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Tue 11 Aug 20
As news of the COVID-19 pandemic spread, Serhii, Isabela and James were in Bali, Indonesia, taking part in a prestigious law competition. How did they get on, so far from Essex and at such a challenging time?
“I think, any other year, we'd have happily stayed in Bali for a couple of months and written our dissertations.”
Shortly after arriving at Essex to study International Humanitarian Law (IHL), Serhii Ishynov, Isabela Pirlogea and James Henderson were selected to compete in the Concours Jean-Pictet, the most prestigious IHL competition in the world.
The 2020 competition, they discovered, was to be held “to our good fortune” in Bali, Indonesia.
Success at Pictet requires an in-depth understanding of IHL. An intense, three-month training period began, with the Essex team supported by academics and PhD students from across the School of Law and Human Rights Centre.
As they were preparing to leave for Bali, however, the global impact of COVID-19 was becoming clear.
James: "If the competition had started even days later, it would probably have been cancelled."
Serhii: "There were 40 teams due to compete, but not all of them arrived, so I’d say there were between 100 and 120 people taking part."
Pictet asks competitors to apply their understanding to real-life scenarios, using role play.
James: "International Humanitarian Law is a field of law dealing with huge abuses and crimes. Pictet is a serious competition, but it doesn’t take itself too seriously.
"The role play makes it far less serious. You could be an armed group, representatives of the United Nations, representatives of a government. There’s a whole spectrum of different roles you can play and you have to adjust your position.
"We talked a bit about the news we were hearing,” James adds, “but the organisers were keen that we had fun as well.
"I think every continent except Antarctica was represented in some way. We made friends with people from different cultures, people that we would never have met without this unique and great experience.”
The Essex team eventually made it to the final, alongside New York University, The Geneva Academy of International Humanitarian Law and Human Rights and the eventual winners, the National University of Singapore.
Serhii, Isabela and James are rightfully proud of their achievements: "We had an amazing time and would not have changed it for the world. The time in Bali was certainly the best week of our educational lives."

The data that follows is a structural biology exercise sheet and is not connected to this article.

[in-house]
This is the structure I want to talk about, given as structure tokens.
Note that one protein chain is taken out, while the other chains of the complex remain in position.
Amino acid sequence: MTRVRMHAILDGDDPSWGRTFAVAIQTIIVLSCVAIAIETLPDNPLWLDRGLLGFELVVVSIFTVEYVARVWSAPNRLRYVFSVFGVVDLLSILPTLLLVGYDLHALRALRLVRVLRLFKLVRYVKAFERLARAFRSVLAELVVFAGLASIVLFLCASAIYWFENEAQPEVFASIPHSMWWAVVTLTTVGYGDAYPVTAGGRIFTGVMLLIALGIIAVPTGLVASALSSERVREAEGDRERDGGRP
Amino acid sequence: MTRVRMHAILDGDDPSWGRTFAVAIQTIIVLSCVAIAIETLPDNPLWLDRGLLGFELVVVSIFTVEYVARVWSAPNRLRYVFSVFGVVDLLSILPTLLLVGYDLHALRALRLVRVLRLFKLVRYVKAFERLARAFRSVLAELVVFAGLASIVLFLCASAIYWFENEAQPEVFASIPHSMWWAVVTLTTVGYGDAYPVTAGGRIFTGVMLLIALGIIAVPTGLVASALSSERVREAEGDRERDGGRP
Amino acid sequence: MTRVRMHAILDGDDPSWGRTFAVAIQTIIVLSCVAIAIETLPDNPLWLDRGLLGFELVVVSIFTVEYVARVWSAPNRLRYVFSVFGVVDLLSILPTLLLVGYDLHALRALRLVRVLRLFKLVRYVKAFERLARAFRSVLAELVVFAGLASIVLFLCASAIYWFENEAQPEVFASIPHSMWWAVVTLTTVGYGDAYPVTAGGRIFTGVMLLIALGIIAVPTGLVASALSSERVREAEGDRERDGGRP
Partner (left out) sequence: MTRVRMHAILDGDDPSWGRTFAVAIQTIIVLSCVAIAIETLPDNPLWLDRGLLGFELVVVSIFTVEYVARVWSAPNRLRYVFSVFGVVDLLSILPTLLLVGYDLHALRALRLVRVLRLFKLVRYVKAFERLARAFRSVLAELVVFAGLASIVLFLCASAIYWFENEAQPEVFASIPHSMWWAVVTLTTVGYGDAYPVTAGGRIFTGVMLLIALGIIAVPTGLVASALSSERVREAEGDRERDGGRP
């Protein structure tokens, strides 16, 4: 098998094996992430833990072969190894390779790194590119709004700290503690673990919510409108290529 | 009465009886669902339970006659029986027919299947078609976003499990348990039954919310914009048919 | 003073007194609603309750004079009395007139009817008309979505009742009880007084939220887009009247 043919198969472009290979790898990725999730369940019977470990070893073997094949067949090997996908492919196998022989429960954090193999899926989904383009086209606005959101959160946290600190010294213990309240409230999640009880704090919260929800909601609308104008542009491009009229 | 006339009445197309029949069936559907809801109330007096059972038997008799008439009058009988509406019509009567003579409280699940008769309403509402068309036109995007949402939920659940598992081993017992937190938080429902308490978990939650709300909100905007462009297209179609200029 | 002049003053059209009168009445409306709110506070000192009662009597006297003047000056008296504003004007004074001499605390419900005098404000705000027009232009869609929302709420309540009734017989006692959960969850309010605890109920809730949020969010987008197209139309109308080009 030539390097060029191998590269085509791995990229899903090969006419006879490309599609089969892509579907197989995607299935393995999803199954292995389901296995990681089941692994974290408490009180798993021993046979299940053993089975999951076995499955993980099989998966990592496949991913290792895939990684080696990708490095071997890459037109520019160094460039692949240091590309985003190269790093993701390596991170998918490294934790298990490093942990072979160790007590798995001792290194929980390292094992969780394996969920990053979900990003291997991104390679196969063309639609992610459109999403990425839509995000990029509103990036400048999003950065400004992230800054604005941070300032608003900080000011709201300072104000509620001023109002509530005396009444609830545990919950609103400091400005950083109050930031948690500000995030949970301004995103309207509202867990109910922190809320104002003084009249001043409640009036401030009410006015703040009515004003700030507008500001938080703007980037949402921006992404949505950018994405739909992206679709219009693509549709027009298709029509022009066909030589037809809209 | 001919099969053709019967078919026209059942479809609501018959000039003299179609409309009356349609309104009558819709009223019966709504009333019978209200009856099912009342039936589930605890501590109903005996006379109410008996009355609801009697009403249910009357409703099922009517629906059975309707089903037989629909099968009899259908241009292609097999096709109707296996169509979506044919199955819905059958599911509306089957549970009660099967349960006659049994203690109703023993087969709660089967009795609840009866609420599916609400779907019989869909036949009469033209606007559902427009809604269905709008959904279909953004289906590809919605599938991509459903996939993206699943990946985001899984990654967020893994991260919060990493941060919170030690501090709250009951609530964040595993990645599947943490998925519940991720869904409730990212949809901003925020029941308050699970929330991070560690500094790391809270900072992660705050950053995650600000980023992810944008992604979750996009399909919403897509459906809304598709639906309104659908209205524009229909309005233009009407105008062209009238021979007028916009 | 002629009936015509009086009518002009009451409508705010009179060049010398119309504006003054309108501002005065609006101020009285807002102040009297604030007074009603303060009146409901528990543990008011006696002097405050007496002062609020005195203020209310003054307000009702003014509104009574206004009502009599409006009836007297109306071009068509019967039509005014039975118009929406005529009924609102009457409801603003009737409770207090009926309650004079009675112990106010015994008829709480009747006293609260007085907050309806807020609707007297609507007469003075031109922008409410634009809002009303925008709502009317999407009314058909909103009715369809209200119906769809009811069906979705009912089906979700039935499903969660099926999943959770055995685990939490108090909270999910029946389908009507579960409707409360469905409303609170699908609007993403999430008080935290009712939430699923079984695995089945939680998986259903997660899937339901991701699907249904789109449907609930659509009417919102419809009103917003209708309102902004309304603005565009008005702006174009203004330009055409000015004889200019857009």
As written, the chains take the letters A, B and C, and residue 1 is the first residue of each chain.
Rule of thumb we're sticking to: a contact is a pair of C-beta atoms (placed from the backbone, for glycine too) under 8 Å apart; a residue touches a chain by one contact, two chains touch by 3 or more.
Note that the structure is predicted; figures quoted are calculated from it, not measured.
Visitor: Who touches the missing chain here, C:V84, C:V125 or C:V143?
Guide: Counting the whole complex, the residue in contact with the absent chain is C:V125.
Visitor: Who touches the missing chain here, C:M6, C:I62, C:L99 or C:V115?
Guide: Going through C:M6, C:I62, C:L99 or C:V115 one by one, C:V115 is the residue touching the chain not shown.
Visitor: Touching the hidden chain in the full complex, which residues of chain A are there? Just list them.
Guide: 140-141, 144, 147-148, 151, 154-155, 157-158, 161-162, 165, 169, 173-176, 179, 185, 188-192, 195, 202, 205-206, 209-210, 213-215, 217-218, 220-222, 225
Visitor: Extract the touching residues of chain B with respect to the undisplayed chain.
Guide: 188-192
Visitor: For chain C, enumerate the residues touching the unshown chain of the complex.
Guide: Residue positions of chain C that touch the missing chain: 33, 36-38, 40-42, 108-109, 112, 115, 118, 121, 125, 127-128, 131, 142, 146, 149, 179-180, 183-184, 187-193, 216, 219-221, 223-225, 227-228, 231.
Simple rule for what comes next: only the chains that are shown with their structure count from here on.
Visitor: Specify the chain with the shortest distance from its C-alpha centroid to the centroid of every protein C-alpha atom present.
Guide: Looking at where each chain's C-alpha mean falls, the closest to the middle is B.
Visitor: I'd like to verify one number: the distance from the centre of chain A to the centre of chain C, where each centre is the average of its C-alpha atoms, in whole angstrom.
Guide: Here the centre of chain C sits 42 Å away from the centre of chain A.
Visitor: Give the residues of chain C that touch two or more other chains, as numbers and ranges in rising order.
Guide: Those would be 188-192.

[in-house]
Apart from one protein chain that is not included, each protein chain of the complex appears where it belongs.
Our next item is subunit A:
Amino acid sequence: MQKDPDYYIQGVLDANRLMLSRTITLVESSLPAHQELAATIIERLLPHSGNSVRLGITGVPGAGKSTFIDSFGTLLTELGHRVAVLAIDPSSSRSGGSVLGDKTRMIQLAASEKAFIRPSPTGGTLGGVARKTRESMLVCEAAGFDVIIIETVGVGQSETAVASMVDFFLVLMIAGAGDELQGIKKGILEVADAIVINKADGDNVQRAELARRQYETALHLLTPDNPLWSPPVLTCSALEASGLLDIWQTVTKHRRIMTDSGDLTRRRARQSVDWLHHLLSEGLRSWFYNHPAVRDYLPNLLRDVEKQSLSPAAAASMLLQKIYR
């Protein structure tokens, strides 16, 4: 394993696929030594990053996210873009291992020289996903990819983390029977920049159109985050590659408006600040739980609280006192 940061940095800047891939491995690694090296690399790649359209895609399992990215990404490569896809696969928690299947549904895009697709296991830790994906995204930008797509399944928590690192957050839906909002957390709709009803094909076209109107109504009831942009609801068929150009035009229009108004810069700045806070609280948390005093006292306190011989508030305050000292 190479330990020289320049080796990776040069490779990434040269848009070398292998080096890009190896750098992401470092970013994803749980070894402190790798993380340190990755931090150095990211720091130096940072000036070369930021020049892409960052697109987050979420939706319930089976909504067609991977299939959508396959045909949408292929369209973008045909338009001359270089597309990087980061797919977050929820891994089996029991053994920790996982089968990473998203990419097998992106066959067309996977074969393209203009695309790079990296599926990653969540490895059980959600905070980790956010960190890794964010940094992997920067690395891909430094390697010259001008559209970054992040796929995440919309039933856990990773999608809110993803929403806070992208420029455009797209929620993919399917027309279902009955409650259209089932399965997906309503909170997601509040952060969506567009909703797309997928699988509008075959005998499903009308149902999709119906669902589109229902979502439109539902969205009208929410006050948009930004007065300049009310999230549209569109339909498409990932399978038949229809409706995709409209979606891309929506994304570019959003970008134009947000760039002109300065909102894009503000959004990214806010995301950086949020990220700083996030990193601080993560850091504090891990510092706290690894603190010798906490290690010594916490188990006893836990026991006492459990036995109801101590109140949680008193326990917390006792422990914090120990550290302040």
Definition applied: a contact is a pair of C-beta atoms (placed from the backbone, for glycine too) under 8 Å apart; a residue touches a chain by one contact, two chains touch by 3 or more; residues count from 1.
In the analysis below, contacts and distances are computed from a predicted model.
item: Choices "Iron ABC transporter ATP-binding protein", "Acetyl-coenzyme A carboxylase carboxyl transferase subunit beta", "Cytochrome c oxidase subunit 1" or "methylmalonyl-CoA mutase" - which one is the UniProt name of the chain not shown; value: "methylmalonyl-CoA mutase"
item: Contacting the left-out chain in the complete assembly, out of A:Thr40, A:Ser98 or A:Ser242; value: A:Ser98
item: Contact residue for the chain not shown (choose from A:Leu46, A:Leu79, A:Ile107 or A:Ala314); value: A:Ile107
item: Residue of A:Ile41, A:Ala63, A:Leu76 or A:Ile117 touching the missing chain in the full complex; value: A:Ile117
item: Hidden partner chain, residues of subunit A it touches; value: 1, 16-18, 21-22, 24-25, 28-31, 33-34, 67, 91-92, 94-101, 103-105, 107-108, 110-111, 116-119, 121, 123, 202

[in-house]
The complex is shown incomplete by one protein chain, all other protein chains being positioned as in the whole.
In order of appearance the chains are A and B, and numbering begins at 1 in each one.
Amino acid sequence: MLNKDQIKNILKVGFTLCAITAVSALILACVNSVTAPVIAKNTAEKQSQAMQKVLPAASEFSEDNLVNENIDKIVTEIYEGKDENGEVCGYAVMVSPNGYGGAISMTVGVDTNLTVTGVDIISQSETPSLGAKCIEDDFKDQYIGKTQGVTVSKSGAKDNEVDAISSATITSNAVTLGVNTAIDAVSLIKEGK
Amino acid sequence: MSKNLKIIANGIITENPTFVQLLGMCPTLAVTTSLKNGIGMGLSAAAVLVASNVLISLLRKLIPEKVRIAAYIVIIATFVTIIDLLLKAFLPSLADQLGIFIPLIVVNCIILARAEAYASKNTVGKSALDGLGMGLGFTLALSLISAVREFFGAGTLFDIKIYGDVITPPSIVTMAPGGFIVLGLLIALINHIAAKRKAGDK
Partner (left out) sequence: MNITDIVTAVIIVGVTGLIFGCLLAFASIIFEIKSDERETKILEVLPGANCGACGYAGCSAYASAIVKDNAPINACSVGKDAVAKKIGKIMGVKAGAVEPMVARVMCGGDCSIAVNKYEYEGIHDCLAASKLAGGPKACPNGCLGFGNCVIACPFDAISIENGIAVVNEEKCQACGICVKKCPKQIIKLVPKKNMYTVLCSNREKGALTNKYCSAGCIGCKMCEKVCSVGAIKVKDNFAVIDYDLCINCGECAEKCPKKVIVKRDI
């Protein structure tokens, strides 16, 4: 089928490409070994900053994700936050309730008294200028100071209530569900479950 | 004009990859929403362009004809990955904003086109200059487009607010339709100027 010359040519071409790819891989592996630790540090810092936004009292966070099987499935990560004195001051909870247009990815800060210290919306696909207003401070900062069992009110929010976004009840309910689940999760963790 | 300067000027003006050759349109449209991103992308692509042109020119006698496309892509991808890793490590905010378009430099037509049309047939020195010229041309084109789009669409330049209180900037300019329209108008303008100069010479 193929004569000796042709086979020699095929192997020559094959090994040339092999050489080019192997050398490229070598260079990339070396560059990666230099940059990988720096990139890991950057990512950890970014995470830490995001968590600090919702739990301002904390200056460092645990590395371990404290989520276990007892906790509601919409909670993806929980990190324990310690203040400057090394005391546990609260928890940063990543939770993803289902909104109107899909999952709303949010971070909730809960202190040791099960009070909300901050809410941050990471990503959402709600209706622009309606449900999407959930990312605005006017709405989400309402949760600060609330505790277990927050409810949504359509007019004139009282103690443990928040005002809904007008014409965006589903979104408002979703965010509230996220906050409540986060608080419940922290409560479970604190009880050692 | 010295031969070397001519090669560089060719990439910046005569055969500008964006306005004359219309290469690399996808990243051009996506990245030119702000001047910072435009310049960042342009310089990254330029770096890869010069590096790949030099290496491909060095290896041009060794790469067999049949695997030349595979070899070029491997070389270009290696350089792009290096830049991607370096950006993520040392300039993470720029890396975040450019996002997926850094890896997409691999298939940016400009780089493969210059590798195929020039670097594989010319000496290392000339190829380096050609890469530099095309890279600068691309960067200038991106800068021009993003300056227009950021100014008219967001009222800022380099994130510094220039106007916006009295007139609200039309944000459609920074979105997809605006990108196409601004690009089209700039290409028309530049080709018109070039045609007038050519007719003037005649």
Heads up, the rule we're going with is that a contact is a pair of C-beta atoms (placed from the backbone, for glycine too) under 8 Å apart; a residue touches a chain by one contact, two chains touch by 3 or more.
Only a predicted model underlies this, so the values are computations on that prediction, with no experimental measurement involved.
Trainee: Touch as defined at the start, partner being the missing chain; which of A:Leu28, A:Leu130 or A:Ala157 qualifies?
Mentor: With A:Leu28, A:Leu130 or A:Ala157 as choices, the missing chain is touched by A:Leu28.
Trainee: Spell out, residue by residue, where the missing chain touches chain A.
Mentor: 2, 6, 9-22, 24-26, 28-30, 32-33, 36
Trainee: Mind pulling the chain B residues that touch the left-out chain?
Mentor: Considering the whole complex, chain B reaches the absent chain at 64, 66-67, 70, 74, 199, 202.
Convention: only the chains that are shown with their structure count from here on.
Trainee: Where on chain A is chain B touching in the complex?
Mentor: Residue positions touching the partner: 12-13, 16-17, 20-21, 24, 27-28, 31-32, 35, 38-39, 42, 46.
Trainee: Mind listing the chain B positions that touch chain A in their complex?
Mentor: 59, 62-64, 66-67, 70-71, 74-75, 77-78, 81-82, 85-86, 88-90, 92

With the competition over, the team were able to briefly explore the surrounding area, but travel restrictions led them to cut short their stay in Indonesia.
James returned to his family in Essex. Serhii and Isabela had different experiences.
Serhii: "Two days after returning from Bali, I got on the last plane to Ukraine from the UK, specially organised for Ukrainian nationals by the embassy - the regular flight connection was already closed."
Isabela, however, "wanted a little bit of peace, so I chose not to go home (to Romania) and stayed on campus. I stayed on campus from March until two weeks ago."
The group say: "In terms of Pictet, we had little idea what to expect from the competition, so the support we received from the various members of department was much appreciated."
"We were also put in touch with former Essex Pictetists. As part of our preparation, we had to develop our own Pictet Binders, which contained the sum of our own knowledge and that of previous Essex Pictetists. This knowledge was developed over years of participation and in many ways is a unique source of IHL. We have used that knowledge and are proud to have added to it.
"In terms of Bali, the opportunity to talk to the organisers, and to network, was useful in a more practical sense. That opportunity gave us ideas on how to get into International Humanitarian Law."
All have been fortunate to stay healthy and are now looking ahead.
Serhii has returned to his role at the Office of the High Commissioner for Human Rights in Ukraine. Isabela and James are currently seeking traineeships - Isabela in disarmament; James, possibly, with an NGO.
His experiences in Bali haven’t put him off travel: "We had an amazing time and would not have changed it for the world. It was certainly the best week of our educational lives.
"Looking ahead, I would like to see some of the world and try and do some good in it."